If your financial advisor made you buy any of these "Mutual Fund Misfires of the Market" with high expenses and low returns, you need to reassess your advisor.
The easiest way to judge a mutual fund's quality over time is by analyzing its performance and fees. Our Zacks Rank of over 19,000 mutual funds has identified some of the worst of the worst mutual funds you should avoid, the funds with the highest fees and poorest long-term performance.
First, let's break down some of the funds currently part of our "Mutual Fund Misfires of the Market." If you happen to have put your money into any of these misfires, we'll help assess some of our best Zacks Ranked mutual funds.
3 Mutual Fund Misfires
Now, let's take a look at three market misfires.
AB Allocation Market Real Return Z (AMTZX): Expense ratio: 0.84%. Management fee: 0.75%. After expenses, the 5 year return is -3.79%, meaning your fees are far higher than the fund's returns. Hartford Emerging Market Local Debt R5 (HLDTX): 0.95% expense ratio, 0.85% management fee. HLDTX is an International Bond - Emerging mutual fund, which focus on fixed income securities from emerging nations around the globe. This fund has an annual returns of -0.38% over the last five years. Another fund guilty of having investors pay more in fees than returns. AQR Style Premia Alternative N ( QSPNX Quick Quote QSPNX - Free Report) - 1.75% expense ratio, 1.35% management fee. QSPNX is a Long Short - Equity fund, and these funds aim to minimize exposure to the broader market, taking long positions in equities that are expected to appreciate and short positions in equities that are projected to decline. QSPNX has generated annual returns of 1.7% over the last five years. Ouch! 3 Top Ranked Mutual Funds
There you have it: some prime examples of truly bad mutual funds. In contrast, here are a few funds that have achieved high Zacks Ranks and have low fees.
Neuberger Berman Mid Cap Growth I (NBMLX) is a fund that has an expense ratio of 0.7%, and a management fee of 0.65%. NBMLX is a Mid Cap Growth mutual fund. Mid Cap Growth funds pick stocks--usually companies with a market cap between $2 billion and $10 billion--that demonstrate extensive growth opportunities for investors compared to their peers. With yearly returns of 11.01% over the last five years, this fund clearly wins. DFA Enhanced US Large Company I (DFELX) has an expense ratio of 0.15% and management fee of 0.2%. DFELX is classified as a Large Cap Blend fund. More often than not, Large Cap Blend mutual funds invest in companies with a market cap of over $10 billion. Buying stakes in bigger companies offer these funds more stability, and are well-suited for investors with a "buy and hold" mindset. Thanks to yearly returns of 10.62% over the last five years, DFELX is an effectively diversified fund with a long reputation of solidly positive performance. Rydex Nova Investor (RYNVX) is an attractive fund with a five-year annualized return of 13.15% and an expense ratio of just 1.35%. RYNVX is a Large Cap Growth option; these mutual funds purchase stakes in numerous large U.S. companies that are expected to develop and grow at a faster rate than other large-cap stocks. Bottom Line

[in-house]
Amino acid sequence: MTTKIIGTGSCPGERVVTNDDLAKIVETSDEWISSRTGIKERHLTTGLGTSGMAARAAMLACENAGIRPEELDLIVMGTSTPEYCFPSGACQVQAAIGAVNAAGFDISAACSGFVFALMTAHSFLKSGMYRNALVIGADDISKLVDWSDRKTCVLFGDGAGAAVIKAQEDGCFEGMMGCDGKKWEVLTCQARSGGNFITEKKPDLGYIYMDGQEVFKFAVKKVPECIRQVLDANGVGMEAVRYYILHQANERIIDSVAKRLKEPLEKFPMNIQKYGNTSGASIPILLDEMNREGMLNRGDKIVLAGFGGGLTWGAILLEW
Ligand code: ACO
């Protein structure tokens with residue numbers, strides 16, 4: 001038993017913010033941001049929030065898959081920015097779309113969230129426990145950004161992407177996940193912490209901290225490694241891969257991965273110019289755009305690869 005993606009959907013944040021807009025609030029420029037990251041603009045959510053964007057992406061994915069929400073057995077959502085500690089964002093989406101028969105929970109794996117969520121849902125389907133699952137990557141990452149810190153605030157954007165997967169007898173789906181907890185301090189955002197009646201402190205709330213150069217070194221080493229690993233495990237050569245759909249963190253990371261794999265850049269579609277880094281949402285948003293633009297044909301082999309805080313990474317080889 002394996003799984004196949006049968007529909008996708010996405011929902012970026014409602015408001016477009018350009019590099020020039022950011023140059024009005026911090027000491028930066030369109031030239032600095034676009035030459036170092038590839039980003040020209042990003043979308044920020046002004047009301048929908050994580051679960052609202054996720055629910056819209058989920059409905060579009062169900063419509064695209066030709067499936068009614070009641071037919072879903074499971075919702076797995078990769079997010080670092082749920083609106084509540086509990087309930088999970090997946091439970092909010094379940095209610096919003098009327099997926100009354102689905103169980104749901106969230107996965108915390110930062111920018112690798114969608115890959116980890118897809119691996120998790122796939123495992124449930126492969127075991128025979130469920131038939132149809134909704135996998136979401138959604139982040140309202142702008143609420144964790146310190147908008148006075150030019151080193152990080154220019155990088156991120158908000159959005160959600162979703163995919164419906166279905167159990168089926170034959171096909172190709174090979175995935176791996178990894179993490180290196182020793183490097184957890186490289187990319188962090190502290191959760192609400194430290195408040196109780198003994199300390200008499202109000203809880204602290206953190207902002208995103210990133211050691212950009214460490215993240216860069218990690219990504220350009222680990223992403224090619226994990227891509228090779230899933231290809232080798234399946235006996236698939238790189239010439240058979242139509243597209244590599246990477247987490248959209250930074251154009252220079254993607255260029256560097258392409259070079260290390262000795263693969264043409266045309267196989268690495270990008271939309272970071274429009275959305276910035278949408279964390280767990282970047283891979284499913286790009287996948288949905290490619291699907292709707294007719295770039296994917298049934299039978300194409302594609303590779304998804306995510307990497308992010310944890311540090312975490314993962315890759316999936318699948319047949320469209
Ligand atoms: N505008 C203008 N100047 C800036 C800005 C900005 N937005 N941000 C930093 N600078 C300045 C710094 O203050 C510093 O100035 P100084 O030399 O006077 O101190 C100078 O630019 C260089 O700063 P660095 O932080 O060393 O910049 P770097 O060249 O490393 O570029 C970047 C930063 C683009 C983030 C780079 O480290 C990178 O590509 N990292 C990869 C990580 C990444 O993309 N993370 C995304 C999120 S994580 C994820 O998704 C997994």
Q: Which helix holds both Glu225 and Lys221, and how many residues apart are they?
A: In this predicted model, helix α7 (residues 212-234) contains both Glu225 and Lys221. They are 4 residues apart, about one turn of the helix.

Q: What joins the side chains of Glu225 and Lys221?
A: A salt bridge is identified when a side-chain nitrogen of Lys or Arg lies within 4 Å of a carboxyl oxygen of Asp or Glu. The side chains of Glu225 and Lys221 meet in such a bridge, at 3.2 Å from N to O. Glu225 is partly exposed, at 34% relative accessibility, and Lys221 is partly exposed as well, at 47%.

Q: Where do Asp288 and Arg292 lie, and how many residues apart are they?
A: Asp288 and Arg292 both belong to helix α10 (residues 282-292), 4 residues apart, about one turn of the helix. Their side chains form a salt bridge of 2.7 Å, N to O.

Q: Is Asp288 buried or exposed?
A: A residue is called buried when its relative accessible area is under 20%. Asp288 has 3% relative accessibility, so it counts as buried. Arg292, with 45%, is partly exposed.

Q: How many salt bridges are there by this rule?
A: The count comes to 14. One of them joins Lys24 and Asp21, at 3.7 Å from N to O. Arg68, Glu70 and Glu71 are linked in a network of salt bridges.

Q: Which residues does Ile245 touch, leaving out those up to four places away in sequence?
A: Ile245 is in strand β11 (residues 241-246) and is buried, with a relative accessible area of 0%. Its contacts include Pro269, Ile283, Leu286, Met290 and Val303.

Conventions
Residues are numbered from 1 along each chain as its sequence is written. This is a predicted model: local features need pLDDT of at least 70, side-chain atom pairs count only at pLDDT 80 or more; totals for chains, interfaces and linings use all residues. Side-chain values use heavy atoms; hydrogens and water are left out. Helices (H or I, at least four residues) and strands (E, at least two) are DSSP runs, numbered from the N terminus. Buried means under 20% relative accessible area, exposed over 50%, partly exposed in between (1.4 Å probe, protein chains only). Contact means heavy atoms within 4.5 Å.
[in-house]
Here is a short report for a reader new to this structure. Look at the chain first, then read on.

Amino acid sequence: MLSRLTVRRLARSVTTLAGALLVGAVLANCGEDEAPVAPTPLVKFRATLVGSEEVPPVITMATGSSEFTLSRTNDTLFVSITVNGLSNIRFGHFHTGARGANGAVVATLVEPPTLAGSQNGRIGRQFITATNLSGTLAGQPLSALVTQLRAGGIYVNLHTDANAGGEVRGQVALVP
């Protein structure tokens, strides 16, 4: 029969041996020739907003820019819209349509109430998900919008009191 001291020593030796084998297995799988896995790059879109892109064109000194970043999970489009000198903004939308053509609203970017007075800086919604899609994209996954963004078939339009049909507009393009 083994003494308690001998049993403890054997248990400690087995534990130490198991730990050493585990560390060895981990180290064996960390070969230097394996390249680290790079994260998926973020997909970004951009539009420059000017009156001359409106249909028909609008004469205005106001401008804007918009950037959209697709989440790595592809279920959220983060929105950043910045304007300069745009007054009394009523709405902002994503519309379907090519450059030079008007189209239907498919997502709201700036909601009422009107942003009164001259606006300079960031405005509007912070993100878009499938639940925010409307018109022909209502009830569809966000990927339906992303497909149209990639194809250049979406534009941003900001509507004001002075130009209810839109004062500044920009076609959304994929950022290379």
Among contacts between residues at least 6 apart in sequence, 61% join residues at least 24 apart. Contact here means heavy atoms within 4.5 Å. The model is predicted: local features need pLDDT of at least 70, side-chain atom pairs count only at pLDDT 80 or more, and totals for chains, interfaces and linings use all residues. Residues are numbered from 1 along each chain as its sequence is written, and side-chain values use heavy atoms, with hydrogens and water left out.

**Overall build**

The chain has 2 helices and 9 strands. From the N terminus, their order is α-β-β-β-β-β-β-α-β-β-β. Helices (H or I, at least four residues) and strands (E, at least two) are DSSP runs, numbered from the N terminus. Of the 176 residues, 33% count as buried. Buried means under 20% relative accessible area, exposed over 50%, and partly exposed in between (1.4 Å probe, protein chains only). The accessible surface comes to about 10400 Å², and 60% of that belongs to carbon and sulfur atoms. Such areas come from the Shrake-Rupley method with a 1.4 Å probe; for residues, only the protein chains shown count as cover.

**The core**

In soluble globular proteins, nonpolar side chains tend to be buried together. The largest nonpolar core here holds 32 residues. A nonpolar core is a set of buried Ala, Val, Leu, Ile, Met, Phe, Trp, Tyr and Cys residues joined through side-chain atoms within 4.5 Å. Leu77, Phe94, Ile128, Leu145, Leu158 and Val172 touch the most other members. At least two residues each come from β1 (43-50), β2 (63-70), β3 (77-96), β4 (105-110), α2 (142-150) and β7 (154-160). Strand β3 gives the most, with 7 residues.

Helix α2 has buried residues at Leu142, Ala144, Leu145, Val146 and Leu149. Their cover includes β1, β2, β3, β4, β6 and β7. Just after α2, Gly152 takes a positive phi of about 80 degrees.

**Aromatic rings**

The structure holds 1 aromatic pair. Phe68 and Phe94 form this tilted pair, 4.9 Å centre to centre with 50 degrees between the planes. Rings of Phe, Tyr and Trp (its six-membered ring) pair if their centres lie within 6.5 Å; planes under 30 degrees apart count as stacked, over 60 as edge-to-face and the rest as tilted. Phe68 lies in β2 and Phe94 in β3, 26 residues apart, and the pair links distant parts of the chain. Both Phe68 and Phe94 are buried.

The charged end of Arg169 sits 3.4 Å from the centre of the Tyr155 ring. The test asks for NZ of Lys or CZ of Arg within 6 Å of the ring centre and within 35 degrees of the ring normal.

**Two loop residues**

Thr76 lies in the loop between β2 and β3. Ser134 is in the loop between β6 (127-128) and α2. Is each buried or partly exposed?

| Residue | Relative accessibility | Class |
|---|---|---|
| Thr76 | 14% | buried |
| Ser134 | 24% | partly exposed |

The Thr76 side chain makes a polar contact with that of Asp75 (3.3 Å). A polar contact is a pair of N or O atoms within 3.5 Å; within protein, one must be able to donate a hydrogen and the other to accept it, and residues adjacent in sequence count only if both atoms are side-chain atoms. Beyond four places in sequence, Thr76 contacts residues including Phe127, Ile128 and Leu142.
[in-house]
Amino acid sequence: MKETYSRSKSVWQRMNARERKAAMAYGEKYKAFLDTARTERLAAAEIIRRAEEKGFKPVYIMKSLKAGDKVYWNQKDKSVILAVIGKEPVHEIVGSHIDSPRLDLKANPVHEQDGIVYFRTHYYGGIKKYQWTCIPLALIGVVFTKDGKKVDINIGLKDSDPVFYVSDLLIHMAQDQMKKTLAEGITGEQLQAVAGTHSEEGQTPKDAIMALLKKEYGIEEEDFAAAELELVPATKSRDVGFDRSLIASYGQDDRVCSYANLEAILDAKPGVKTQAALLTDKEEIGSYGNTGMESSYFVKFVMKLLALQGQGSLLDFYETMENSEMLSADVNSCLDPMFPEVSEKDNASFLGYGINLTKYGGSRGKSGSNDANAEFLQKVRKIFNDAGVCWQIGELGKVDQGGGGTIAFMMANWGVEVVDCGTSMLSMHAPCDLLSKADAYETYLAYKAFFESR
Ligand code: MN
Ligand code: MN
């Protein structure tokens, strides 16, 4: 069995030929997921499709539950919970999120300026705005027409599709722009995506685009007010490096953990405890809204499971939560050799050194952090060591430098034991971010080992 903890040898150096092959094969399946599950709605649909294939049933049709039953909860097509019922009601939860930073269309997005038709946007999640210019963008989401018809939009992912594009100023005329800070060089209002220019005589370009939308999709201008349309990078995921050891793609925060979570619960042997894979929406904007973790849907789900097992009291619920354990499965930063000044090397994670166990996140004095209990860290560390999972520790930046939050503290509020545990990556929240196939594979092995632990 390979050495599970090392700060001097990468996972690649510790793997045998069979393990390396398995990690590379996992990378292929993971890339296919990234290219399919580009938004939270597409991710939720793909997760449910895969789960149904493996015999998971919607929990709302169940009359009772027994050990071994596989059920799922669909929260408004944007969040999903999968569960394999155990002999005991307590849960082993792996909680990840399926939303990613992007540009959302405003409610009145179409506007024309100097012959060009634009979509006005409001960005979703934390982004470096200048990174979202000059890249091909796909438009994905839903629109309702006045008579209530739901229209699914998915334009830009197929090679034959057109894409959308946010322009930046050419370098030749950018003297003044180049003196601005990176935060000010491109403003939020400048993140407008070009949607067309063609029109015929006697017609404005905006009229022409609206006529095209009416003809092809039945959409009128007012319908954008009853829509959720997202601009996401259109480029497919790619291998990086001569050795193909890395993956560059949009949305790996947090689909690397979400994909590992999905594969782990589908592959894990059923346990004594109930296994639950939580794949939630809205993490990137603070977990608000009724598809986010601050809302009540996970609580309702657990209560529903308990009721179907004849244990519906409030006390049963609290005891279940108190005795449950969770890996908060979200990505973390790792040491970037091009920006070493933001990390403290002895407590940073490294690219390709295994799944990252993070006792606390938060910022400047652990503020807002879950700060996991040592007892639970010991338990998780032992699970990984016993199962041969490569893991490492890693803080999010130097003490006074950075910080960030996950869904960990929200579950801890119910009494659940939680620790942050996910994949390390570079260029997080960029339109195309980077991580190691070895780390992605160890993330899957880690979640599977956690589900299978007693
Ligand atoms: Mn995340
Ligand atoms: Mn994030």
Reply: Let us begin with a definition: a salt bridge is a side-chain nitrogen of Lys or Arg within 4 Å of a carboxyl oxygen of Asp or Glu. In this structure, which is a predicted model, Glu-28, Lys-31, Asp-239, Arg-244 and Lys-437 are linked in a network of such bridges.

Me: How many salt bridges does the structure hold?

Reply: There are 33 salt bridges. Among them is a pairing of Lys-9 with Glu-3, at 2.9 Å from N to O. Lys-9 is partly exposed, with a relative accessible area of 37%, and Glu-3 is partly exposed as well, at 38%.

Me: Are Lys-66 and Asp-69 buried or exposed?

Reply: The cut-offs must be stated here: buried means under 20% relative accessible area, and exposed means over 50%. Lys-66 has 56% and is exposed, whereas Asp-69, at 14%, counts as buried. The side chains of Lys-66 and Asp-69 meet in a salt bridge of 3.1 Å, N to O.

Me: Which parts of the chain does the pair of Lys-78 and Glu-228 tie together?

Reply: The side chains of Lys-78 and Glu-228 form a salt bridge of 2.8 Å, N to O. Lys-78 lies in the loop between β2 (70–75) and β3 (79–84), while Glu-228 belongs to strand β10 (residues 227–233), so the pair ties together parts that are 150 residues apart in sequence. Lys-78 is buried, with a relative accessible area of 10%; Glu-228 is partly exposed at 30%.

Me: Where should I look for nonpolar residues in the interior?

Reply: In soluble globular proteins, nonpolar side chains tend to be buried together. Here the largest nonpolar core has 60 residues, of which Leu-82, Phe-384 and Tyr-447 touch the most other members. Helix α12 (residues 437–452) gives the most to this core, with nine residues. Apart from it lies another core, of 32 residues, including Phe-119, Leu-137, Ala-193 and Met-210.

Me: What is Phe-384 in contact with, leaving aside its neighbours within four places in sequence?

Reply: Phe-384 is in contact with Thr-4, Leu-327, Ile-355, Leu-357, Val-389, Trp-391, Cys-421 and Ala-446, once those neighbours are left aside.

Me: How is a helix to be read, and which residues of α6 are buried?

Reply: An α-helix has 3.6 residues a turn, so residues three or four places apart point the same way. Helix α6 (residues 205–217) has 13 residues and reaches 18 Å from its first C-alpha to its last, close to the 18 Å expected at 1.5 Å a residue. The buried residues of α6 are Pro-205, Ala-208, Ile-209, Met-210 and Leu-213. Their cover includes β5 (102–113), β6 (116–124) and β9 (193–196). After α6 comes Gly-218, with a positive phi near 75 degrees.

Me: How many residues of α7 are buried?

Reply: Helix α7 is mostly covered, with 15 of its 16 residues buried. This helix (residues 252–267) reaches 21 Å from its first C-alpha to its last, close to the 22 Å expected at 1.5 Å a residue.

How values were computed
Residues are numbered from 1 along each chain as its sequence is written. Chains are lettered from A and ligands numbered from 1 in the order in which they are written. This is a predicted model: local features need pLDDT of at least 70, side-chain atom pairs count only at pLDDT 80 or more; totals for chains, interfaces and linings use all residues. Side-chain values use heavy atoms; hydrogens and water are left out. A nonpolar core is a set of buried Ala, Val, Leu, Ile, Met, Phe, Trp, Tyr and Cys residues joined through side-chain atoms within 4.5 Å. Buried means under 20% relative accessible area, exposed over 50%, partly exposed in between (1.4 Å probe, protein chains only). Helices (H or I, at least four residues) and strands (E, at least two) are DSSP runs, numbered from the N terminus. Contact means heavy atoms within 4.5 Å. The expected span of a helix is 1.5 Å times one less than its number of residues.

Along these lines, there you have it - if your financial guide has you put your money into any of our "Mutual Fund Misfires of the Market," there is a strong likelihood that they are either dormant at the worst possible time, inept, or (in all probability) filling their pockets with high fee commissions at the cost of your financial objectives.
If you have concerns or any doubts about your investment advisor, read our just-released report:
4 Warning Signs That Your Advisor Might be Sabotaging Your Financial Future